21 April 2017

Failing to properly secure your brand in China can be a very expensive mistake, as the experience of computer giant Apple shows.

The California-based technology company was forced to buy the iPad trade mark from another company for US$60 million after a court ruled it did not have the rights to use it in China.

Apple’s difficulties began when Proview Technology, a flatscreen contract manufacturer, registered trade marks for the IPAD and iPad names in the EU, China, Mexico, South Korea, Singapore, Indonesia, Thailand and Vietnam.

Buying back the iPad name

In 2006 a branch of Proview company agreed to sell the “global trademark” for iPad back to Apple for a modest sum, but there was a subsequent dispute about whether or not the deal included rights to the trade mark in China.

Apple took legal action, but a Chinese court ruled that Proview was the rightful owner of the iPad trade mark in China.

At the same time, Proview requested authorities in several Chinese cities order resellers to take all iPads off their shelves.

Ultimately Apple agreed in a court-mediated settlement to pay US$60 million to Proview for the name in July 2012. Despite the price tag, some observers said at the time that Apple got off cheaply, because Proview was in bankruptcy and urgently needed funds.

Research before you start in China

The lesson from Apple’s experience is that if you are considering selling or manufacturing in China you should ensure you have protection for your brand in China.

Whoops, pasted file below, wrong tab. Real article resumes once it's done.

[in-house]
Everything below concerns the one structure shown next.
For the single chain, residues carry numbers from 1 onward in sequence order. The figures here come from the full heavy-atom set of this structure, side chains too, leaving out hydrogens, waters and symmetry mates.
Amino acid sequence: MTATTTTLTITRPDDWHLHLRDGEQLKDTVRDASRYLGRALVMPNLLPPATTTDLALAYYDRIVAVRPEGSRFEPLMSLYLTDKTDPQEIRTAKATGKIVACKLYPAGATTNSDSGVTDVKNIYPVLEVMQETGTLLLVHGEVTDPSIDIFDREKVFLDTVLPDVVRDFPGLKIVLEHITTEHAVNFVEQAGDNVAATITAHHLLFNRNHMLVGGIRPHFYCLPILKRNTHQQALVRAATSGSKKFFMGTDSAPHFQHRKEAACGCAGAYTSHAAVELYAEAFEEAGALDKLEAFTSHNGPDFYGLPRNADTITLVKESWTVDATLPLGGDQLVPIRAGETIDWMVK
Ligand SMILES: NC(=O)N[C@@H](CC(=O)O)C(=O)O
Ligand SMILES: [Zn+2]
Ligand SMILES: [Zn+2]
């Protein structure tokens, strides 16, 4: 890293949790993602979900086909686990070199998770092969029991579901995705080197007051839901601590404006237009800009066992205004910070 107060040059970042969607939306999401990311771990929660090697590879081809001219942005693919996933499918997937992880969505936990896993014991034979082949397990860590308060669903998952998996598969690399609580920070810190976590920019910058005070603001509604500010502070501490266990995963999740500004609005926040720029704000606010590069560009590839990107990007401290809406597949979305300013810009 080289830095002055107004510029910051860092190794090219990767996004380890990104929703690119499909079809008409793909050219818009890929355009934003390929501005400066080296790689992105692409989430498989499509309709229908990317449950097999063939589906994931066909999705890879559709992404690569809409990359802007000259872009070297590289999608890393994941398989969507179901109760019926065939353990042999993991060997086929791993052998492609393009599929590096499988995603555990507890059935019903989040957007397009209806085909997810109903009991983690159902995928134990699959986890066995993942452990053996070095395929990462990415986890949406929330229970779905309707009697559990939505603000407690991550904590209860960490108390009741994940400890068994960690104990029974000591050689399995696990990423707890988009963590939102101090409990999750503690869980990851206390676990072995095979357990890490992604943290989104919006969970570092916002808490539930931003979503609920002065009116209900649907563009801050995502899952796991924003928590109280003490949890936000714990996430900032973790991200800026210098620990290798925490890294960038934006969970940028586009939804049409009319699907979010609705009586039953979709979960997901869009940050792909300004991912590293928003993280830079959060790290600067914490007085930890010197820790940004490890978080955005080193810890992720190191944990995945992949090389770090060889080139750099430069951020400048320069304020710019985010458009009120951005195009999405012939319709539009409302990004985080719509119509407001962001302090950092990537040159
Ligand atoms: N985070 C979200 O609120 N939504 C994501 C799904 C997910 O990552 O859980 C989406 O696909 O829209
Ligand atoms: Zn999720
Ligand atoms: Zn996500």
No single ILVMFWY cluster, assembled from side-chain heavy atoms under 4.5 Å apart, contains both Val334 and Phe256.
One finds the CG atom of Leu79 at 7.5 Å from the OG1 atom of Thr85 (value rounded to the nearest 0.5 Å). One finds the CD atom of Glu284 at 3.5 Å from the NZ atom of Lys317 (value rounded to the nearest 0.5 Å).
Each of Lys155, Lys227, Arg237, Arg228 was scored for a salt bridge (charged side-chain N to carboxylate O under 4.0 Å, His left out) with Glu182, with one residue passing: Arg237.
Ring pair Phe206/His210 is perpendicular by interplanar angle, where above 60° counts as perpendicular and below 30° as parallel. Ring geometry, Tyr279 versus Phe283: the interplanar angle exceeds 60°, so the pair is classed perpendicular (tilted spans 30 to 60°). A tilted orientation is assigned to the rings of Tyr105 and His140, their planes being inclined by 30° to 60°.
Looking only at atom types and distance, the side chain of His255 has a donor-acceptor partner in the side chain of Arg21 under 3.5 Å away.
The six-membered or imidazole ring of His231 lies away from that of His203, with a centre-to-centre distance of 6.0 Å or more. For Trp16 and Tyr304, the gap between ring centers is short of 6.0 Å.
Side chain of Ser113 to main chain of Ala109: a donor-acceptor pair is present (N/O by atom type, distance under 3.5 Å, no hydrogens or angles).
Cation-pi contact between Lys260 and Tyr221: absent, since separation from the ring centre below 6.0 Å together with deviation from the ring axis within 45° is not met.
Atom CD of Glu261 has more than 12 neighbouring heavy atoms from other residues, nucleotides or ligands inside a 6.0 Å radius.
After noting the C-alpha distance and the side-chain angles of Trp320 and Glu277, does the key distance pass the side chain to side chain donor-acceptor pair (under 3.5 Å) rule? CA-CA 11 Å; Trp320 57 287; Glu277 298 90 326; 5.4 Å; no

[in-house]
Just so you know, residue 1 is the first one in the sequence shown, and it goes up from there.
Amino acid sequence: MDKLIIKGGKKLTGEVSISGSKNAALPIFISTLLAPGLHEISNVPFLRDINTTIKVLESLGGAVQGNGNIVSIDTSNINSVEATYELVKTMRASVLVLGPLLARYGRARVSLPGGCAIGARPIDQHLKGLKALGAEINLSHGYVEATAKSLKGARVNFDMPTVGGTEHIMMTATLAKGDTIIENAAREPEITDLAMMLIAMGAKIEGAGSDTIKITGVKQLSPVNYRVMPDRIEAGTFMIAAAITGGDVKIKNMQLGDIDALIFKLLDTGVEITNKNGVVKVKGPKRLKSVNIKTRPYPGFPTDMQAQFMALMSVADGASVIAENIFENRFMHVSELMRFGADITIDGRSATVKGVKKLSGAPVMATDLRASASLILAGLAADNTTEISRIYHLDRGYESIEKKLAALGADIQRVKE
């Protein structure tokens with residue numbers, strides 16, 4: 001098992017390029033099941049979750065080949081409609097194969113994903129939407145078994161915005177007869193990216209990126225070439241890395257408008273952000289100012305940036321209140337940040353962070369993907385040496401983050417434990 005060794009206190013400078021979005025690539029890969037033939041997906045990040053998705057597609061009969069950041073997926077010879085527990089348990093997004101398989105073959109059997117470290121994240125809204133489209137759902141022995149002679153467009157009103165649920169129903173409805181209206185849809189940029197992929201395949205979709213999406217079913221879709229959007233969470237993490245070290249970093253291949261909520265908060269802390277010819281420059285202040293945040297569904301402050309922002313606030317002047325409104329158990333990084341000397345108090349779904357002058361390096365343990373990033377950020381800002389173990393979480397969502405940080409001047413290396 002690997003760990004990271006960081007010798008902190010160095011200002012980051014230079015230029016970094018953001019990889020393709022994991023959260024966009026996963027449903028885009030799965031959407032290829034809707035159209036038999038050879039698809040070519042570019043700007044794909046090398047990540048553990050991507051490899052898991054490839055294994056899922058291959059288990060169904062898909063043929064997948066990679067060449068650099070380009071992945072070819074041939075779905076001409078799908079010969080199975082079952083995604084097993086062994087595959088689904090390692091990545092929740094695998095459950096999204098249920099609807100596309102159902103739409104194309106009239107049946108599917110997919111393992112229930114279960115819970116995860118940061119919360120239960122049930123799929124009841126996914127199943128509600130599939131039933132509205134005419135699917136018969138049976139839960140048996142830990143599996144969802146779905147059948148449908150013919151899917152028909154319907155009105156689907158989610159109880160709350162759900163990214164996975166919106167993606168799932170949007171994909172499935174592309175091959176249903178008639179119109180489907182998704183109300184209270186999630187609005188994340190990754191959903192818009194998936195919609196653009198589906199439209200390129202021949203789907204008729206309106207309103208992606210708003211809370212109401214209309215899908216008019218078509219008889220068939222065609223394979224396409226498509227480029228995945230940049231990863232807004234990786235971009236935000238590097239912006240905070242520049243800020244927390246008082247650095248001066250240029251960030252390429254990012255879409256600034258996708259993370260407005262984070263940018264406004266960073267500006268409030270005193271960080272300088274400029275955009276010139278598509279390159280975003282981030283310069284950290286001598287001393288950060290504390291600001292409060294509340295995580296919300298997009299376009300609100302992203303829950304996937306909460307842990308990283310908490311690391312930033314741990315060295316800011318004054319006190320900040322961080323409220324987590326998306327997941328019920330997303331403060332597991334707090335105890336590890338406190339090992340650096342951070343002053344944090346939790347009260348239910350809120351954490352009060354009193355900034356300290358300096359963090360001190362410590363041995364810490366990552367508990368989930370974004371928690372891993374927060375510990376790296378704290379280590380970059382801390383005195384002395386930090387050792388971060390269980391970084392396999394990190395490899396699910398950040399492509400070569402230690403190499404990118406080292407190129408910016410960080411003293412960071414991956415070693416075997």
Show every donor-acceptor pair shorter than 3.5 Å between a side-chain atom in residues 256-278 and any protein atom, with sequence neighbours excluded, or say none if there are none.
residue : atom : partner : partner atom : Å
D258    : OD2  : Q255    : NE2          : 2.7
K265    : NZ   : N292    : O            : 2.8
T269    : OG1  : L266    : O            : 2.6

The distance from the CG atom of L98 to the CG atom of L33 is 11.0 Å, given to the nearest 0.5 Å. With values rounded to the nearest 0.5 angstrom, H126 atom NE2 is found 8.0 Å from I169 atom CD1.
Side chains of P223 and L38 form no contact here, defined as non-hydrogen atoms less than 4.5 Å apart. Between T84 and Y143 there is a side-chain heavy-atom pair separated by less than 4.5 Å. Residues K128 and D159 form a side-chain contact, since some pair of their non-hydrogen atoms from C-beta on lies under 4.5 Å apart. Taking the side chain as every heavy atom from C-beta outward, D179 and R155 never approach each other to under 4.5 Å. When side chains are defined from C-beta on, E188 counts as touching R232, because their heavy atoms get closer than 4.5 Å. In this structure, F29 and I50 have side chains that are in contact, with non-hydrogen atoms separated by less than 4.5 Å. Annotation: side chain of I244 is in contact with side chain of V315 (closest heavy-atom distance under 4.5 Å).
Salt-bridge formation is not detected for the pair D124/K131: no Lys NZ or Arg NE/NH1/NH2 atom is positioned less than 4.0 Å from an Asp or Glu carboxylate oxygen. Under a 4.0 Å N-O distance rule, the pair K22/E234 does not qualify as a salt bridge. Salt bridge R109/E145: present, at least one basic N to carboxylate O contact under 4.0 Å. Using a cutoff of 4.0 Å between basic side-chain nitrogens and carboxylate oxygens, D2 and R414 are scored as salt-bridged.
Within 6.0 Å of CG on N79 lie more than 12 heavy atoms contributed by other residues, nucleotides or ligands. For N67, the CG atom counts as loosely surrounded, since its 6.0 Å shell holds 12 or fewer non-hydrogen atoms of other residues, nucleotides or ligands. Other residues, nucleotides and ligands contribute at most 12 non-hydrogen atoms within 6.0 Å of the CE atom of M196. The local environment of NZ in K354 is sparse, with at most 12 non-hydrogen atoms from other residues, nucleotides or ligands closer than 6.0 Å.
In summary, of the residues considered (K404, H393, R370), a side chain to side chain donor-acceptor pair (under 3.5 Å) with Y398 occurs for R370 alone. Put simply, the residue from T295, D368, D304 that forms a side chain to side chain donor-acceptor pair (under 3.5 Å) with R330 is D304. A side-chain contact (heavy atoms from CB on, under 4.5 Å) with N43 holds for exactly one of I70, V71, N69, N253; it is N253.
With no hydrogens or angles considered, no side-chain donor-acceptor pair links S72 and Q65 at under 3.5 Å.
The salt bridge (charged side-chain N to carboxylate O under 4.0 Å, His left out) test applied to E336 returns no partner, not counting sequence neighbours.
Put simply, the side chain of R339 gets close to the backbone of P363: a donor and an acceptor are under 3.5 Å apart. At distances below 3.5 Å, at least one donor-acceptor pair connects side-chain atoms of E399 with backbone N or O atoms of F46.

One of the first steps you should take is to check if anyone already owns the trade mark for your brand, and if not quickly apply for trade mark protection.

Registering your trade mark quickly is very important, because under China’s “first-to-file” intellectual property laws, the person or company to file their trade mark application first is generally granted the right to that trade mark and can attempt to stop others from using it.

You should engage an IP professional familiar with Chinese trade mark law to help you with both searching and your application.

It is advisable to check for both the English and Chinese versions of your trade mark, keeping in mind that your trade mark may consist of an image, a word, a slogan or any combination of these.

Expert advice is invaluable

The way your trade mark is translated and transliterated in China can have a big impact on how it will be perceived by local customers, so advice from a firm experienced in Chinese trade mark law will prove invaluable, even before you apply to register your trade mark.

Your IP lawyer can also help you register your trade mark in China, either directly with the China Trade Mark Office or from Australia using an international trade mark registration protocol.

It is also important to protect your trade mark in China when working with partners and manufacturers. You should have robust legal agreements in place that will govern how your manufacturer works with your trade mark. These should also give you legal recourse should there be a breach of your intellectual property.

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